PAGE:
Claim to Fame: With a career that spanned more than five decades, mastering music, film and TV, Sinatra was larger than life. The skinny kid from Hoboken, New Jersey, became a fixture on the pop charts, an Oscar-winning actor, the leader of the Rat Pack and a lightning rod for media attention. And, of course, that’s just scratching the surface.
Why He Matters: Above all, it was the voice–that silky, insinuating instrument of love. Invoking both loneliness and ring-a-ding-ding insouciance, Sinatra’s voice–whether coming from an intimate stage, cavernous arena, onscreen performance or a pair of stereo speakers–blessed each listener with memories of ocean breezes and late-night bars. He wooed his audience with his singing. No one could make a song his own like Ol’ Blue Eyes. His nuance, pacing and breath caressed and melted the lyrics, making them flow from his lips into the listener’s ears, each tune a lesson in seduction.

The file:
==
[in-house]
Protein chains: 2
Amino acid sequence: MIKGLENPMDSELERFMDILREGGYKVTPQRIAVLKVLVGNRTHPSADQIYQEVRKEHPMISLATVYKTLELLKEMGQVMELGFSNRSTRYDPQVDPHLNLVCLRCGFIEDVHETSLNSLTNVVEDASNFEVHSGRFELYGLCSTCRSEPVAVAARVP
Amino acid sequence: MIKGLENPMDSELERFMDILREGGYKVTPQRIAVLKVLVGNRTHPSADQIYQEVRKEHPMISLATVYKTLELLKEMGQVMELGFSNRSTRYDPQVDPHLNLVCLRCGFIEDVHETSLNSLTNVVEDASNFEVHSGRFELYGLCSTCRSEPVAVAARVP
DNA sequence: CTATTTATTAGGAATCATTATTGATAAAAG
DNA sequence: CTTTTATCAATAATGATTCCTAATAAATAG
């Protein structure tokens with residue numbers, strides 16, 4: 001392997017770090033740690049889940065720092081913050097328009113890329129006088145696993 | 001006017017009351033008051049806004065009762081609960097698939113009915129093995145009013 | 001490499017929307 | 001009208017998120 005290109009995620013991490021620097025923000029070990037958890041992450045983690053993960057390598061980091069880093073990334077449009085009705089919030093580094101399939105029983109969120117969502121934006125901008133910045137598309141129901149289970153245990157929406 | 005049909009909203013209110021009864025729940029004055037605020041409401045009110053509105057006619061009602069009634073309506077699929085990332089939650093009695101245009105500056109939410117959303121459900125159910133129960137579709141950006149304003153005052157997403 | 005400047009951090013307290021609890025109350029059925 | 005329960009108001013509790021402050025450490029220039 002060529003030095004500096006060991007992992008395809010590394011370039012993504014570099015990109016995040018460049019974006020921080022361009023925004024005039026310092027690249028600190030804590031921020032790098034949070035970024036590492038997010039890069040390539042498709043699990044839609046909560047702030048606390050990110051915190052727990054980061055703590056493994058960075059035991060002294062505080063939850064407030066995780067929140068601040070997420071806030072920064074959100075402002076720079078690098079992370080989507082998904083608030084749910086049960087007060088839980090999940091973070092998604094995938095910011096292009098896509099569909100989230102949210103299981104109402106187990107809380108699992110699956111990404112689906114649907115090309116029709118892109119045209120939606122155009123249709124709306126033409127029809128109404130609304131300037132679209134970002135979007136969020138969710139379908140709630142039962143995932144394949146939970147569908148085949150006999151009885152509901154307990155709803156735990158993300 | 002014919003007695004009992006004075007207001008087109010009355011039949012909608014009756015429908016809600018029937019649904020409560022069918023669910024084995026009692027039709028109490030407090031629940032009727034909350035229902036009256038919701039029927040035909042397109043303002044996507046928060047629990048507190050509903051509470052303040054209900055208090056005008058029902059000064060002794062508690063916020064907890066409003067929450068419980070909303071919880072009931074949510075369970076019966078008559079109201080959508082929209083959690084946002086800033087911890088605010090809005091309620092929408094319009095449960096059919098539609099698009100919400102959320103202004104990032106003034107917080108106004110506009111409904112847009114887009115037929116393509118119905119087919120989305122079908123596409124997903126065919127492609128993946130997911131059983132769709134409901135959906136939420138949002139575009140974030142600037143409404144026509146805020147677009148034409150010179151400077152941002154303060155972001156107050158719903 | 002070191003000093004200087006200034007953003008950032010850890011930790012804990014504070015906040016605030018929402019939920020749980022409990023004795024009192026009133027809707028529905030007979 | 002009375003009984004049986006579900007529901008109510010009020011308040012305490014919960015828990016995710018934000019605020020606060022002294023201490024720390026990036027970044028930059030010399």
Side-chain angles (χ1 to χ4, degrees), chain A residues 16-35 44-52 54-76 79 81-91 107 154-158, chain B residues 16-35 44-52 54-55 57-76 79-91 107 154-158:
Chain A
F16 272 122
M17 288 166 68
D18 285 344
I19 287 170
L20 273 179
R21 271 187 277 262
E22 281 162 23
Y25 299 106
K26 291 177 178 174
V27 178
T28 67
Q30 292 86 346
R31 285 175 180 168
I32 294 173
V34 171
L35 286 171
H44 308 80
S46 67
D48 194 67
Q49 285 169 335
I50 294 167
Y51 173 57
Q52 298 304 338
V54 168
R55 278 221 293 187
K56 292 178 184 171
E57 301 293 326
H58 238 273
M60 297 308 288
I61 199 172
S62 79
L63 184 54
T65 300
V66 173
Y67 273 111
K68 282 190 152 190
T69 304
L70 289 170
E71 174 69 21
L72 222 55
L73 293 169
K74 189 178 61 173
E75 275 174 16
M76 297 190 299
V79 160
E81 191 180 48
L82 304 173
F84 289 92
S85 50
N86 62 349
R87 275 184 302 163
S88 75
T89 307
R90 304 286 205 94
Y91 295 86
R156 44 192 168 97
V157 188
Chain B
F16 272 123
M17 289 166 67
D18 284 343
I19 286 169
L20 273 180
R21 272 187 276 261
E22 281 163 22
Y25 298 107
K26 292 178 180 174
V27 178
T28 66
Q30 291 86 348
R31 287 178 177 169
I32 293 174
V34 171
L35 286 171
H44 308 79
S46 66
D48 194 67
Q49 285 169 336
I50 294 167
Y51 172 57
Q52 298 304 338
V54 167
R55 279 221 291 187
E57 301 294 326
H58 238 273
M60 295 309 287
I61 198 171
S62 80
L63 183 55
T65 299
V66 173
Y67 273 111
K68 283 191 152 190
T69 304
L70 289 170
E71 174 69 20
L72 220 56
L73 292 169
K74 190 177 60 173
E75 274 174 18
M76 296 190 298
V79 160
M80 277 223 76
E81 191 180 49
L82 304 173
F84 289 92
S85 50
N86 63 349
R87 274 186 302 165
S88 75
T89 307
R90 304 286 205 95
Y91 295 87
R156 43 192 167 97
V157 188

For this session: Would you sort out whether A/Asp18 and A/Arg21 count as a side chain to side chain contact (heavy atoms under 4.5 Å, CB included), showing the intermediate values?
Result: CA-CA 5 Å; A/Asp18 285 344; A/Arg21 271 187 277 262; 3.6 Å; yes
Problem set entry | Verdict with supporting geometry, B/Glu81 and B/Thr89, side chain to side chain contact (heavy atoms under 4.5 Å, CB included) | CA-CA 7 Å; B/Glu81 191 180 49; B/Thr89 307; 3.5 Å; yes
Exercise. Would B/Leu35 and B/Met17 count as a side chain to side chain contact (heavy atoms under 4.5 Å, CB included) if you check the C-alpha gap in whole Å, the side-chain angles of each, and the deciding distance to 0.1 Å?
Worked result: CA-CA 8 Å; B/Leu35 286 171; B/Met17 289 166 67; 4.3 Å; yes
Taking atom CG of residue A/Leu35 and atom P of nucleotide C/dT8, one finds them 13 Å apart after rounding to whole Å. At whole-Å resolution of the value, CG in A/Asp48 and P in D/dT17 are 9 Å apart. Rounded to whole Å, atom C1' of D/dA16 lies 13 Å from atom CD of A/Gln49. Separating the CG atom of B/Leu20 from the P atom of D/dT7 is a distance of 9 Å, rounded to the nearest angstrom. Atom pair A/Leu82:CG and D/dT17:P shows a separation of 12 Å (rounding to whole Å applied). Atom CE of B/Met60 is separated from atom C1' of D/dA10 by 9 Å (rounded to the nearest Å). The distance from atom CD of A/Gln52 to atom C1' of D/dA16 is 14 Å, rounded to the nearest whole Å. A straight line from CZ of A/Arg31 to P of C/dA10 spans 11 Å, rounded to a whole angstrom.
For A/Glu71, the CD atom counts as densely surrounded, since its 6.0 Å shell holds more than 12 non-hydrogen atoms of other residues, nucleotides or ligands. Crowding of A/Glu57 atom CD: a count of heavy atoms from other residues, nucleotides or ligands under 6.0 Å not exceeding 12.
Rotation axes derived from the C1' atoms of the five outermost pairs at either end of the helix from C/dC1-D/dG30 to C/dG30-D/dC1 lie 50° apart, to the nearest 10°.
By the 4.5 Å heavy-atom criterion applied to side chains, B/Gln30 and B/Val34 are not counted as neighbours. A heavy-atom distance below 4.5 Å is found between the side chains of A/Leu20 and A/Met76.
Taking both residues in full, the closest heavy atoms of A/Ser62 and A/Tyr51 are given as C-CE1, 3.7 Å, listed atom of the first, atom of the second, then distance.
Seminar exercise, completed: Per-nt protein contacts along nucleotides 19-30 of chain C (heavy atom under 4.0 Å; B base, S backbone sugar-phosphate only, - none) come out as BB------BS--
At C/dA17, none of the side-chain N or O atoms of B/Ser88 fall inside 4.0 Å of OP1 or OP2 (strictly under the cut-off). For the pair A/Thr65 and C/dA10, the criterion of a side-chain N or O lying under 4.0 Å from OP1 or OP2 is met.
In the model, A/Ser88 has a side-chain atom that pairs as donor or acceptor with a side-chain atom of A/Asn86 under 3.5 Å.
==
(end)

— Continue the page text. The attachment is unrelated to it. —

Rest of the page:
Postscript: Sinatra was a man of many contradictions. He was a staunch ally to John F. Kennedy as well as Ronald Reagan, a lover of many women and husband to four, a man of epic generosity lauded for his charity endeavors, as well as an enemy noted for his petty vengefulness. He lived to see his cool Rat Pack ways become passé, then return to fashion. Funny thing is, he just wanted to be known as a great saloon singer. So, that’s how we’ll remember him.
The Last Word: “I faced it all
And I stood tall
And did it my way.”